Another little hint: On occasion, mice obtained from different sources will have different smells - possibly a result of differences in foods used to grow them. On several occasions, keepers have simply switched sources for feeder rodents and had immediate results!

Are The Environmental Conditions Correct?

This is a huge subject, and I'm not even going to attempt to cover all of the environmental requirements for every available specie here. Do your homework (there's some helpful stuff on this website), at the very least review and have a clue before asking me questions, or I'll just get irritated that you purchased an animal without taking the time to familiarize yourself with it's needs. That's one of my pet peeves.

Sadly, this is also the hardest problem to overcome with keepers. Nobody wants to admit they aren't doing something right, but the simple truth is this: Your snake was feeding easily when it left here, so if all the other issues covered in this article have been exhausted, then as they say the first step to recovery is admitting you have a problem right? Please take no offense and read on...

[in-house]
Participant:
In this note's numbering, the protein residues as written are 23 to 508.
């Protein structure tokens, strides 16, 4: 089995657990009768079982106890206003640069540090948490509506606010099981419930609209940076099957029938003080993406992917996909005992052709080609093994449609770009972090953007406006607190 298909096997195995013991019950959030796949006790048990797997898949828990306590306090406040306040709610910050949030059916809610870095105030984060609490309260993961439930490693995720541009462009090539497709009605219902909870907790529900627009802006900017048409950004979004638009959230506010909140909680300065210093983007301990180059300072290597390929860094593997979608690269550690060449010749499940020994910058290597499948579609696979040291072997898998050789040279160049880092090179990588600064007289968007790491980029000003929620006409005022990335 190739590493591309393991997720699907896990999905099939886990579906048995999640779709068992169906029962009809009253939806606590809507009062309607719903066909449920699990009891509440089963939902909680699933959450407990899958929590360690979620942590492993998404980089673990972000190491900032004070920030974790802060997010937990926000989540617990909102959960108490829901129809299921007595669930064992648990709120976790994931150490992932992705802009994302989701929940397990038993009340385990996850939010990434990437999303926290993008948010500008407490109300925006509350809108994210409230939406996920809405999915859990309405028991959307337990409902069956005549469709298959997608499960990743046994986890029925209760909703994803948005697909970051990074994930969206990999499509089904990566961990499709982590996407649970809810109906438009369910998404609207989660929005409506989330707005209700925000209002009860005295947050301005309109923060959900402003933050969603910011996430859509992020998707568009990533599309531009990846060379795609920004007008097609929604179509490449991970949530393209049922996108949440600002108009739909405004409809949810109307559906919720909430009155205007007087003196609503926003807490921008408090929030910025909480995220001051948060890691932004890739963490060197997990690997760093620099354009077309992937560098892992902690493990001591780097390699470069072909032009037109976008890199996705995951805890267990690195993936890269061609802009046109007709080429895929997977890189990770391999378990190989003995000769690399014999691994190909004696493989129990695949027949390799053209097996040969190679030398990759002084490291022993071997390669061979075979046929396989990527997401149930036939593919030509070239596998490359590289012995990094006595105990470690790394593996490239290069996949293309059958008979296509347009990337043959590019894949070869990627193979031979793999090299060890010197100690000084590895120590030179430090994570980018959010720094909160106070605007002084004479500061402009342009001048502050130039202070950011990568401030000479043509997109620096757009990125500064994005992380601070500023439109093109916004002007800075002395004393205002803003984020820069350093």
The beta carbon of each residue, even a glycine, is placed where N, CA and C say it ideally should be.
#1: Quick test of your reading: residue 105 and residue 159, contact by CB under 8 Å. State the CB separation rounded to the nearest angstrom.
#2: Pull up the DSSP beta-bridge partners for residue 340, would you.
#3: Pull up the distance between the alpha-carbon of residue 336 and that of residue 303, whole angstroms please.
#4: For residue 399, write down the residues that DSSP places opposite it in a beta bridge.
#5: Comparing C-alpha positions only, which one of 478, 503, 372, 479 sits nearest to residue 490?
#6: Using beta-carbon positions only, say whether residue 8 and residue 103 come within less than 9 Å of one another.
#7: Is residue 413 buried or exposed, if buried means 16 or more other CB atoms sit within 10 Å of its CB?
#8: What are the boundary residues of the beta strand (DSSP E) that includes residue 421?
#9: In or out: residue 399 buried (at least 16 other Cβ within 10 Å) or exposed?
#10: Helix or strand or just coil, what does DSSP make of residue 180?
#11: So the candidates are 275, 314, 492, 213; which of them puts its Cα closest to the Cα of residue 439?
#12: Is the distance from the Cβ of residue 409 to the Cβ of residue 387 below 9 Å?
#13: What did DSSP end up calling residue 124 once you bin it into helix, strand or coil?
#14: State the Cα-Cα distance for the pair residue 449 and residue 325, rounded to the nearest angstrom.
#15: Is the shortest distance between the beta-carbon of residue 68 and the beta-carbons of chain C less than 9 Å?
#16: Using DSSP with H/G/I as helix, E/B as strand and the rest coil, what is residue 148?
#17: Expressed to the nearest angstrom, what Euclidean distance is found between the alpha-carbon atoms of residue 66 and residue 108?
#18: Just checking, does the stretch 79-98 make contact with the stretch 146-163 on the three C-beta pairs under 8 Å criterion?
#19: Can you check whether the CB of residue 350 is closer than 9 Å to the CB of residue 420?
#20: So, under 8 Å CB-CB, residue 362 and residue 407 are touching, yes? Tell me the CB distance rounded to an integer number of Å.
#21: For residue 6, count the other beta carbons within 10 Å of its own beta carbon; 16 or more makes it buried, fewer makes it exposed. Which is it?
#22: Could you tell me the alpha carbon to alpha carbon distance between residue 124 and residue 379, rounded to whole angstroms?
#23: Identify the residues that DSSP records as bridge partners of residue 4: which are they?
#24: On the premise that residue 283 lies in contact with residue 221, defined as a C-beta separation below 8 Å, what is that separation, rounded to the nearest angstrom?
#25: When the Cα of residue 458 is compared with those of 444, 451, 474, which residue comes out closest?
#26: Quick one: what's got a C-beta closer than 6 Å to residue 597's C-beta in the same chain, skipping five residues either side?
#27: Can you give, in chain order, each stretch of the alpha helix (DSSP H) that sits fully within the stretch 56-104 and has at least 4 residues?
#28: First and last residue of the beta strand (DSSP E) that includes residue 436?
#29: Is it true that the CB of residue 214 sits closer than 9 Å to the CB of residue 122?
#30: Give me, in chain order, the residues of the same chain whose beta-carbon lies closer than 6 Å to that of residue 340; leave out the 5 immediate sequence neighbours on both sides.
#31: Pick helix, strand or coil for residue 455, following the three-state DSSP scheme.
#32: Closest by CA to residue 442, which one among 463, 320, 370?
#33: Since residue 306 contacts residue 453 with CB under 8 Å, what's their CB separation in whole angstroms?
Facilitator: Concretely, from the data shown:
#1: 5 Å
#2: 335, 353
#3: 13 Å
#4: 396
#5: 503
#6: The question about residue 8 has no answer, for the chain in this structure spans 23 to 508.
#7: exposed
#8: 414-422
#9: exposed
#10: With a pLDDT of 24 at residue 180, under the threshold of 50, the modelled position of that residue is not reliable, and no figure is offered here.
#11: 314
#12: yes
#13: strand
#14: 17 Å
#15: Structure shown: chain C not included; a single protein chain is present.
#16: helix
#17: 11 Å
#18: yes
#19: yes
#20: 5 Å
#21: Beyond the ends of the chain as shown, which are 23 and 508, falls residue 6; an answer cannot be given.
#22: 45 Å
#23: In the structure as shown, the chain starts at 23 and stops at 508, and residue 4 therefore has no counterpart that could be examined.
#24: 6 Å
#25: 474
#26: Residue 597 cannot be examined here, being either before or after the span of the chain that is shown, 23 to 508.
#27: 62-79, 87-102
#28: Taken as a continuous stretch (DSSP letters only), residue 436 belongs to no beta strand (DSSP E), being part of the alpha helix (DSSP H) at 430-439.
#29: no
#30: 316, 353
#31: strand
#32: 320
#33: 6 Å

First and foremost, look at the single most important factor: temperature. A snake that is at the wrong temperature, be it too high or too low, simply will not want to feed. The key phrase in all of this is: "a snake that is AT the wrong temperature". What I mean here, is what is the temperature where the snake is? And what options are available to it? I've had at least two gazillion keepers (that's a lot) report "the temperature in my cage is such and such" But upon further investigation, that temperature reading was taken with a little round stick-on thermometer glued to the wall of the cage a foot above the snake, and on the other end of the cage from where it hides. We don't care what the temperature of the cage is up there, we care about what it is where the snake can go. Peeling that little thermometer off the wall will return it to a useful condition. It can now be placed right under the hide house where the snake goes and then more readings taken at points all over the floor of the cage. While the temperature may have been fine up on the wall, you may be surprised to learn it may not be fine throughout much of the cage. Once you've discovered this, take whatever steps are needed to provide correct temperatures.